Ticats out to prove they're for real

Hamilton Tiger-Cats running back Avon Cobourne runs with the ball against Montreal Alouettes...

Hamilton Tiger-Cats running back Avon Cobourne runs with the ball against Montreal Alouettes defensive back Seth Williams (L) during their game in Hamilton on September 5, 2011. (REUTERS/Mike Cassese)

Bill Lankhof, QMI Agency

, Last Updated: 9:17 PM ET

HAMILTON - It’s all fun and games in the Canadian Football League until someone gets hurt. Right now the Montreal Alouettes are feeling hurt.

Really, really hurt.

Twice the defending Grey Cup champions have visited the unfriendly confines of Ivor Wynne Stadium and returned home brutalized, beaten and bowed. Today the Ticats get to prove its not just a “Hamilton thing” and that they truly are good enough to beat a prominent team on the road; today the Alouettes must show that they have not lost the intensity and the ability to play like champions.

“It’s not like we’re fighting for our lives in the playoffs. But it is important for us to focus on getting a win,” defensive end Justin Hickman said as the Ticats stepped aboard the train for Montreal on Saturday. While the Ticats have made tremendous strides from their 3-15 seasons in 2007 and ’08, there is definitely unfinished business. Since Marcel Bellefeuille took over as head coach in 2008 the Ticats have struggled against good teams on the road, losing every contest in Montreal, Edmonton, Saskatchewan and Calgary.

“You need to have success on the road and against teams in the upper part of the standings,” said Bellefeuille. “I think we took a major step the way we played in Winnipeg (a 30-27 loss). We played well in Calgary too although we didn’t get the result we were looking for (a 32-20 loss). We did a lot of positive things that made me believe we’re on our way. But it’s something we have to focus on and punch through.”

There has not been a better chance than now in recent Tiger-Cats’ memory to deliver that telling blow. The Alouettes have never seemed more vulnerable. The Ticats have rarely been in such a psychologically advantageous position.

Until a few days before Thanksgiving last year, the Ticats had beaten the Alouettes just once in 22 games. But since then the Tiger-Cats have won four consecutive times, including a pre-season game, by a combined score of 185-70. Last week they didn’t allow Montreal an offensive TD, the first time all season quarterback Anthony Calvillo hasn’t gotten them into the end zone in a game. Any psychological hold the Alouettes might’ve had has dissipated.

The days when the Alouettes could pretty much sleep walk to an East Division title are over. The two-time defending Grey Cup champions are in foreign territory at the season’s midpoint — four points behind division-leading Winnipeg and tied for second with Hamilton.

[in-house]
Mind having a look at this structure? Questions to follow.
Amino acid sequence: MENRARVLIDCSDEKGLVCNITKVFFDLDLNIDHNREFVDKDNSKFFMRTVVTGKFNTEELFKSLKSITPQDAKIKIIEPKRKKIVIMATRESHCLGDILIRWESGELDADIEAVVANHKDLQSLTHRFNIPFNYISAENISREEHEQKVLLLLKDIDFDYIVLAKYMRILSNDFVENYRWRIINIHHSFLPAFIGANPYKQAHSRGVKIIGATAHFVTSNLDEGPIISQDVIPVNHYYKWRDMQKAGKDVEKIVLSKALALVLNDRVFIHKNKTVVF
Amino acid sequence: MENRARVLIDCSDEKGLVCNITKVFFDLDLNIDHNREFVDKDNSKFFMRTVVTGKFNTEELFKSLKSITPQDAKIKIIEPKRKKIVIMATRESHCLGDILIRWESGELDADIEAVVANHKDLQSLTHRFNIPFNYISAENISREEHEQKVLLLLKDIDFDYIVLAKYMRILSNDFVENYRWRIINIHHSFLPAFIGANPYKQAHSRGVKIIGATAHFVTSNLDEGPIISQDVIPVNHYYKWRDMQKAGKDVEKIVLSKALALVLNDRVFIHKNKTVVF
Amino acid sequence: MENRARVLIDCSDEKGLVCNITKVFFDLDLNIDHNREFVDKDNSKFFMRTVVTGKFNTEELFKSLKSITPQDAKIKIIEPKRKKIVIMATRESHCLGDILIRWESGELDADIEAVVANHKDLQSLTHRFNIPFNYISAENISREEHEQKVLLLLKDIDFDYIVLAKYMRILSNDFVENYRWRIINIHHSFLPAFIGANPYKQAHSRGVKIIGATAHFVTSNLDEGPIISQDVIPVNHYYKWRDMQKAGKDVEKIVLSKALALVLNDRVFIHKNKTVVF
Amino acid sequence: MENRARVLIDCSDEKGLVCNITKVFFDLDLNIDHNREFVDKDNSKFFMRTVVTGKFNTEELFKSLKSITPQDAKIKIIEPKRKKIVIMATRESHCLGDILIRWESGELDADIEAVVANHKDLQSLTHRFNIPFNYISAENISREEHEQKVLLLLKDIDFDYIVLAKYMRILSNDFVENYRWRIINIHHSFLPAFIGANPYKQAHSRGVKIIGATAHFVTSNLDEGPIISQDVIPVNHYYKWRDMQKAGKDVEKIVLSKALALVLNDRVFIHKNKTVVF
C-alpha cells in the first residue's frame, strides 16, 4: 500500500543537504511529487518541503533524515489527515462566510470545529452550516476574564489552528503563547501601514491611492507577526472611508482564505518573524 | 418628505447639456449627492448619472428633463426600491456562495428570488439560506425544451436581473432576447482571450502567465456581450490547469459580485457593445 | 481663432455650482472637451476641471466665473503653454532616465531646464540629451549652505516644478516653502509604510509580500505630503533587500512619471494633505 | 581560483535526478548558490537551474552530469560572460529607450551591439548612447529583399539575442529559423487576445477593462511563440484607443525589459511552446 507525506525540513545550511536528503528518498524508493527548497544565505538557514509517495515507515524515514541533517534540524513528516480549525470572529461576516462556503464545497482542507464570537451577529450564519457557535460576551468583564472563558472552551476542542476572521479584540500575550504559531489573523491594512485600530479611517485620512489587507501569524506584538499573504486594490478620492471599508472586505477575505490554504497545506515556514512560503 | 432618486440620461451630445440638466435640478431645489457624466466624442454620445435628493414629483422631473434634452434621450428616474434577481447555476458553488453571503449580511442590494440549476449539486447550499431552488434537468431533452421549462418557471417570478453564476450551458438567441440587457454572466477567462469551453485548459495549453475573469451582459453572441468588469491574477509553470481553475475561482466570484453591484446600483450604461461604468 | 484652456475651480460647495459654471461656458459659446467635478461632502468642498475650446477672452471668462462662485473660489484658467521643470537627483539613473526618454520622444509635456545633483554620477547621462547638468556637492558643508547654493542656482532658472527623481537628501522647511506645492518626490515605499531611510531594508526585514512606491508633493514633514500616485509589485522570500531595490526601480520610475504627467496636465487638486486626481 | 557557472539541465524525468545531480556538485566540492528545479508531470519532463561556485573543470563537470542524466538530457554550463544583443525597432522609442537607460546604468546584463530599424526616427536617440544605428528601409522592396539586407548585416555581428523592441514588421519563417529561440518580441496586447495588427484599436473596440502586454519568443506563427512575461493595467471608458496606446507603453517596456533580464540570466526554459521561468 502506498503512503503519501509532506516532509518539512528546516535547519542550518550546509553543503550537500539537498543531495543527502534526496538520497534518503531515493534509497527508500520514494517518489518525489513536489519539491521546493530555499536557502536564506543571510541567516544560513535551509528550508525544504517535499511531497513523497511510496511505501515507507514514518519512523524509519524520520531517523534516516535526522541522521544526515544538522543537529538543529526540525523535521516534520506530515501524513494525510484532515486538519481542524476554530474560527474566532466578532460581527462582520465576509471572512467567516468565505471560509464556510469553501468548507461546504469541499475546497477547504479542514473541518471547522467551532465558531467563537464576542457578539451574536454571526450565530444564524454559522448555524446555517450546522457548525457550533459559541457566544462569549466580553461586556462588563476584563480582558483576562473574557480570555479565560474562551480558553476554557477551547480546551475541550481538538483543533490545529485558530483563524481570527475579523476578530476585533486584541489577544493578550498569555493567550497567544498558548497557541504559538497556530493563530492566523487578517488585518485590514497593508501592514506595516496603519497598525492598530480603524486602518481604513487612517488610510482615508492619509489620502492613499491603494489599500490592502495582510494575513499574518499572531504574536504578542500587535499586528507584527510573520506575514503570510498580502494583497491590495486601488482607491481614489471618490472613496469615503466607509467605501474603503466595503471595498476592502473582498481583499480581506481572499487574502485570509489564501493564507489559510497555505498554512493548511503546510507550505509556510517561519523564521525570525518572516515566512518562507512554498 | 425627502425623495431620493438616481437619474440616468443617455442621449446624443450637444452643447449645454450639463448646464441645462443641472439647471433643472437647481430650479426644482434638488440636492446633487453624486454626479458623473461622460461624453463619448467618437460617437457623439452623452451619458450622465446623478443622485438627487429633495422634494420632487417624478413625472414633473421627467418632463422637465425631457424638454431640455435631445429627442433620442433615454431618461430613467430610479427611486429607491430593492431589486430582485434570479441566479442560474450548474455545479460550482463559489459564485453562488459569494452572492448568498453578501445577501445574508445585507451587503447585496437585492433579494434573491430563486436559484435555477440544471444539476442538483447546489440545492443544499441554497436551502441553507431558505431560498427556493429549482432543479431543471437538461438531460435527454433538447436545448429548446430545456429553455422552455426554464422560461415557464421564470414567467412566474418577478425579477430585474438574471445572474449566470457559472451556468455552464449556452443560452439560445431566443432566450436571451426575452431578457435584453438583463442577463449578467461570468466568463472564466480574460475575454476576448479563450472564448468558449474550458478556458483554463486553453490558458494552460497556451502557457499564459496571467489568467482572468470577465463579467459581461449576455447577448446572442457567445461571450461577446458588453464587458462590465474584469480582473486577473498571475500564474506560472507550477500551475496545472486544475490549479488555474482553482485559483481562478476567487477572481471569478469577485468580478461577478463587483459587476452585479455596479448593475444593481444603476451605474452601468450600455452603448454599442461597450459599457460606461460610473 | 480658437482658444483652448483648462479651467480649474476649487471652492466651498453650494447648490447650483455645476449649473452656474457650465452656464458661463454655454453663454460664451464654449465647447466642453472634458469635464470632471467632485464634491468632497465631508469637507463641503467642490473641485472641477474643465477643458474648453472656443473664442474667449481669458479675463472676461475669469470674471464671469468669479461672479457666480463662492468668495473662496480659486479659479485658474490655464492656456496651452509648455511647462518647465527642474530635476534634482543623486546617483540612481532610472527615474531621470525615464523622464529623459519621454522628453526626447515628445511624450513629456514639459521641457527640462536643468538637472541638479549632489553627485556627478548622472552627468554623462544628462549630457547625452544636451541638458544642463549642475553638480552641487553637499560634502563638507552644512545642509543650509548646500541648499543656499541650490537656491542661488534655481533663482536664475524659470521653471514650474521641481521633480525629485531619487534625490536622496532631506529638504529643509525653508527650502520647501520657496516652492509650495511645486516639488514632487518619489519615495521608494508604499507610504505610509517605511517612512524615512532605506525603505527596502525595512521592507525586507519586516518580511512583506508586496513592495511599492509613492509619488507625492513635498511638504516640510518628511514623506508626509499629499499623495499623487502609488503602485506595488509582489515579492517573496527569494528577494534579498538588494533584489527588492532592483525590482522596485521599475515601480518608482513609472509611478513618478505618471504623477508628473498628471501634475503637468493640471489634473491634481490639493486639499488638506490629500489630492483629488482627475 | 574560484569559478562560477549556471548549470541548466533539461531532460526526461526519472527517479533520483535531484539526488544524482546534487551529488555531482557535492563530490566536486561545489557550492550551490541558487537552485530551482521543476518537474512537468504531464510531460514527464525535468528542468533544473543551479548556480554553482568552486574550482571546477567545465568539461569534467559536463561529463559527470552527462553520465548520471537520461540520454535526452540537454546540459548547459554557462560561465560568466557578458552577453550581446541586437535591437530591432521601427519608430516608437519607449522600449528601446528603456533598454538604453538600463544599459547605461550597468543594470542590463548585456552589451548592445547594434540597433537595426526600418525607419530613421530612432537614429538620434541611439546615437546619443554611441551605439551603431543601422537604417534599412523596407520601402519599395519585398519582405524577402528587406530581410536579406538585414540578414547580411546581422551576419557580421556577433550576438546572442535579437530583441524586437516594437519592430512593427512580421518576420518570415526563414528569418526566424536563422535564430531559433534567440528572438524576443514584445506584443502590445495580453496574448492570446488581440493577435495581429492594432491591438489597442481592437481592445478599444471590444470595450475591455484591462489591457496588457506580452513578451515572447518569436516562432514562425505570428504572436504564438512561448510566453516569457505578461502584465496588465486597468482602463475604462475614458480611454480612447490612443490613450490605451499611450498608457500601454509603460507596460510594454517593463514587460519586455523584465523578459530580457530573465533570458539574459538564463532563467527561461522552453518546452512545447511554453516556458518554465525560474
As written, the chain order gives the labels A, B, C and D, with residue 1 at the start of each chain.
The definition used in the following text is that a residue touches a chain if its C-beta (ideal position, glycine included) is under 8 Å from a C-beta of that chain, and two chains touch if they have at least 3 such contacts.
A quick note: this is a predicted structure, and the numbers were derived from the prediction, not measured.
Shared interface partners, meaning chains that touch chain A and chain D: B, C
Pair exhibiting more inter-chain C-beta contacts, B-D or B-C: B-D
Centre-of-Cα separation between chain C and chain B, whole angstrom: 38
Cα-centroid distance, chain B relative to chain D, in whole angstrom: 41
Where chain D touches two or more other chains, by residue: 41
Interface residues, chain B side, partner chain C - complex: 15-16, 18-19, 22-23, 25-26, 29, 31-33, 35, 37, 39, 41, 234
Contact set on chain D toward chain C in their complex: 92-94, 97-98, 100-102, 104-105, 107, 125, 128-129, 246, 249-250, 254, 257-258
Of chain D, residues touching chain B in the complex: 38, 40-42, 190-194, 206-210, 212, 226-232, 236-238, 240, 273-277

And, after Hamilton delivered a 44-21 hammer blow last weekend, Sunday’s rematch has the potential for turning nasty. In football, familiarity often breeds contempt.

“In professional sport, because of the competitive nature, it always gets personal,” said Hamilton quarterback Kevin Glenn.

Offensive lineman Jason Jimenez has been in his fair share of scrimmages, name calling and general mayhem. He knows pugnacity, recognizes it coming.

“This past week there was some talk early on and it was all fun, guys were happy to see each other. After a while it got a little nasty. Then it got really nasty,” Jimenez said. “There was a lot of finger pointing. Frustration set in. It’s understandable. When one team is winning big and you can’t seem to do anything on your side of the ball, and your defence can’t do anything it’s frustrating for anyone.”

The Ticats have been able to dominate the Alouettes up front, disrupting Calvillo’s deadly passing game.

“There was an instance when Bowman got into a yelling match with the referee. About what I don’t know. But that’s where a guy’s emotions play into his composure. I don’t know if he got penalized for that but I know he left the game for the next play,” said Jimenez who lined up against either all-star defensive end John Bowman or rush end Anwar Stewart.

This is not a game that will decide who ultimately emerges as a champion but it is one in which both sides have something to prove. Hamilton is a good team, but great teams win on the road. Great teams never let an opponent up when they’re down.

“I told the team about the challenge of winning back to back. The team that doesn’t win the first game usually raises its intensity level the second game and you have to be able to match it,” said Bellefeuille.

“I guarantee,” said Jimenez, “nobody will be looking back at Labour Day. Just because I beat some guy in a previous game doesn’t mean anything unless I can do it again.”

“This is going to be,” said Glenn, “about the ability to do new things in a short time. The team that can execute plays they didn’t use the first game is going to win.”

Still cream of the crop

Montreal may not be leading the standings but there’s every hint that at least statistically they are still the cream of the CFL.

While they may have scuffled collectively, they are dominating the individual statistics at the halfway point in the season. The Als have:

- Brandon Whitaker, the leagues leading rusher with 670 yards.

- Jamel Richardson, the leading receiver and on pace for 1,800-plus yards.

- Anthony Calvillo, on pace for 5,300 yards and the leading passer is multiple categories.

- Sean Whyte, the leading scorer with 104 points and the leading field goal kicker at 92.3% accuracy.

- Whitaker and Richardson also rank No. 1 and No. 2 in yards from scrimmage.


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